Behold the first flower grown in space

Behold the first flower grown in space
Credit: Scott Kelly / Twitter

You’ll be impressed by Scott Kelly’s latest achievement regardless of whether you’re a space nerd. The American astronaut has successfully grown the first ever flower beyond the earth’s stratosphere.

Over the weekend, Kelly tweeted a photo of the zinnia he cared for over the past month (seen above). The species was chosen because of its longer growth cycle and because it can help scientists understand how plants flower and grow in microgravity.

Trent Smith, who manages the Veggie deployable fresh-food production system project said of the zinnia:

It is more sensitive to environmental parameters and light characteristics. It has a longer growth duration between 60 and 80 days. Thus, it is a more difficult plant to grow, and allowing it to flower, along with the longer growth duration, makes it a good precursor to a tomato plant.

Kelly’s colleagues on the International Space Station (ISS) began growing zinnias late last year, but were experiencing problems after only a couple of weeks. High humidity and low air flow caused the plants to leak water out of the tips of their leaves.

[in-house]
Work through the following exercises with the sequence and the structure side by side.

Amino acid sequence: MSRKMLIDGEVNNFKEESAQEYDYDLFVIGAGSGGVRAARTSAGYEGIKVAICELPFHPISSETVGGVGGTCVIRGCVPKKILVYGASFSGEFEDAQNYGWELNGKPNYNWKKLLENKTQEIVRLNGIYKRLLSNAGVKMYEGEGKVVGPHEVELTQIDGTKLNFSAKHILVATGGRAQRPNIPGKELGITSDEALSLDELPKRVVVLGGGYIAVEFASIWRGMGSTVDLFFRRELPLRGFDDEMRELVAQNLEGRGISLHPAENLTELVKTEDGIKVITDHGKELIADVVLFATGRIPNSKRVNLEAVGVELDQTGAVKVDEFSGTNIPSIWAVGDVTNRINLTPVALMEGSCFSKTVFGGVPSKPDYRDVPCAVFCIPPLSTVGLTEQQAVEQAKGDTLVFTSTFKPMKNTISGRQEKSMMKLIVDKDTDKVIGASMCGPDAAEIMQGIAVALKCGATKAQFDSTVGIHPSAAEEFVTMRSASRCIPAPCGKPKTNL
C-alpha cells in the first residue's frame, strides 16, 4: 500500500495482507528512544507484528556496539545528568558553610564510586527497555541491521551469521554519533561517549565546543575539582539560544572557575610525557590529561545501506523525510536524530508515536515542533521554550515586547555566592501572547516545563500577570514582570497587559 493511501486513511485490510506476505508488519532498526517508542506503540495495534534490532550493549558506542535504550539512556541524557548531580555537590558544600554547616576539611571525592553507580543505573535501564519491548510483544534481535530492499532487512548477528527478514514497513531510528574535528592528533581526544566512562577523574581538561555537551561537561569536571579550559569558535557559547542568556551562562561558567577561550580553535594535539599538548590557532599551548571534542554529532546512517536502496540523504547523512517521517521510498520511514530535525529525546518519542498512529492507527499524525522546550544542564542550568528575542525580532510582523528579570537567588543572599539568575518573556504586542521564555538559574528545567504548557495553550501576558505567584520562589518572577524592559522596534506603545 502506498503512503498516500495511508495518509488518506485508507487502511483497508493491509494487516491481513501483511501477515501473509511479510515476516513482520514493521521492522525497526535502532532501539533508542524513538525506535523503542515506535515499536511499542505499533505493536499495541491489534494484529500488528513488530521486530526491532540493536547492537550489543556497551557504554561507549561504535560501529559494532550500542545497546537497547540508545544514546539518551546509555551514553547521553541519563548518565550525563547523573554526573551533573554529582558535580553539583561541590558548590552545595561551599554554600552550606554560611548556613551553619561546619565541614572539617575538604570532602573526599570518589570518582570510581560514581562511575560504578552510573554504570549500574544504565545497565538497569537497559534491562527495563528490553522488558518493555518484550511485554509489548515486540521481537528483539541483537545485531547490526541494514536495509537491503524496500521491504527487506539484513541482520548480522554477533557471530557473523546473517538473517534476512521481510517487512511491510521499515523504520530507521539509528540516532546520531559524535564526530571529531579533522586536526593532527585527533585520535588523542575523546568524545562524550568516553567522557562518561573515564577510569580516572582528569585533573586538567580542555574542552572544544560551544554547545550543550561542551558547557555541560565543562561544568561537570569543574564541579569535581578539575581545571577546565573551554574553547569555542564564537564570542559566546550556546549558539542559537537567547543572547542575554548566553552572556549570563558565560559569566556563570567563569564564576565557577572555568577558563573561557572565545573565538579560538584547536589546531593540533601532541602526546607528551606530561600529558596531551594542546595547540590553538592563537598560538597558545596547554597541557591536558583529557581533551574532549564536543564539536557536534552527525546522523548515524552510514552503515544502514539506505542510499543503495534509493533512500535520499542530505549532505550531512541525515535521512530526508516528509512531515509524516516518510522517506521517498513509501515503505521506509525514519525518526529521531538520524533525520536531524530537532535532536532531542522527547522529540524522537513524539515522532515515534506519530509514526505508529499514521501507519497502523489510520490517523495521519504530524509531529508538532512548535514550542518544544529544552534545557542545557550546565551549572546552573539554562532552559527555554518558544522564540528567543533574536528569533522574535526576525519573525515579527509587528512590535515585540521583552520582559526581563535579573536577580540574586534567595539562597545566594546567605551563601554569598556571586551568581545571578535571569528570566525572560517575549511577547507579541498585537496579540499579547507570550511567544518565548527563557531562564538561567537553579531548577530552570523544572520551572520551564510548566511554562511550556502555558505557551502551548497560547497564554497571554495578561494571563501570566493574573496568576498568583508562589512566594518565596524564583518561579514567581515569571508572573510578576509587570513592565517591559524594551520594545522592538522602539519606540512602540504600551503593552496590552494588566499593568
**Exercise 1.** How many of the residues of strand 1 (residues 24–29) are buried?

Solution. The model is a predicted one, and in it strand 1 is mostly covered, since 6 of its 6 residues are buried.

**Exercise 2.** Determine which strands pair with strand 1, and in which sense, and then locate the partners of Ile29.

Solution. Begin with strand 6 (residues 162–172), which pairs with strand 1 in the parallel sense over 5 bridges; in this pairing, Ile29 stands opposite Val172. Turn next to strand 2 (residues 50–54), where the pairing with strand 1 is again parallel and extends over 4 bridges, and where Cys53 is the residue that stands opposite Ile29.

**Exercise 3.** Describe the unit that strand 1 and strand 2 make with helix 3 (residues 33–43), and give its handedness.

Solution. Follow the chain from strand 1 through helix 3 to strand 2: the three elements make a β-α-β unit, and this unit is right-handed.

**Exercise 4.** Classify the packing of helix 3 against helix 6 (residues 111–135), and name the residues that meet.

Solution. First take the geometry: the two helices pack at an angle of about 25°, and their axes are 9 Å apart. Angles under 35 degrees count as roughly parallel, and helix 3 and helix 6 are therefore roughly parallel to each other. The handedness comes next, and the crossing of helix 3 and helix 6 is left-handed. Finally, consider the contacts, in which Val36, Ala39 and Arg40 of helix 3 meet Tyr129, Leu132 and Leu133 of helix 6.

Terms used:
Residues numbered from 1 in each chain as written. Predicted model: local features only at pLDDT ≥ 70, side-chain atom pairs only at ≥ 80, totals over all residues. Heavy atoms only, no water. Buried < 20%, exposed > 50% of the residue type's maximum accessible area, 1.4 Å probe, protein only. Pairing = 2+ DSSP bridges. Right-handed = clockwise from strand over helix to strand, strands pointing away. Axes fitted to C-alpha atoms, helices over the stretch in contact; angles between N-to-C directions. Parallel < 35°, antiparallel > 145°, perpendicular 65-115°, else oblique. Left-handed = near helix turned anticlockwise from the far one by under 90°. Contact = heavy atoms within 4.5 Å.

Soon, mold began to form on the plants. When Kelly took over in the middle of December last year, he cut away the mold and made a few changes to the plans for caring for the zinnias.

Kelly decided to ditch the instructions for watering the plants and began tending to them as he would his own garden back home. Soon, he had a zinnia flowering in all its orange glory.

Both the successfully-grown flower as well as all those that died serve an important purpose: to allow us to learn how plants grow in space and to understand if we can cultivate crops on Mars.

NASA will next attempt to grow Chinese cabbage and red romaine lettuce this year. In 2018, it plans to try its luck with dwarf tomatoes on board the ISS.

How Mold on Space Station Flowers is Helping Get Us to Mars [NASA]

Read next: WhatsApp is dropping its annual 99 cent fee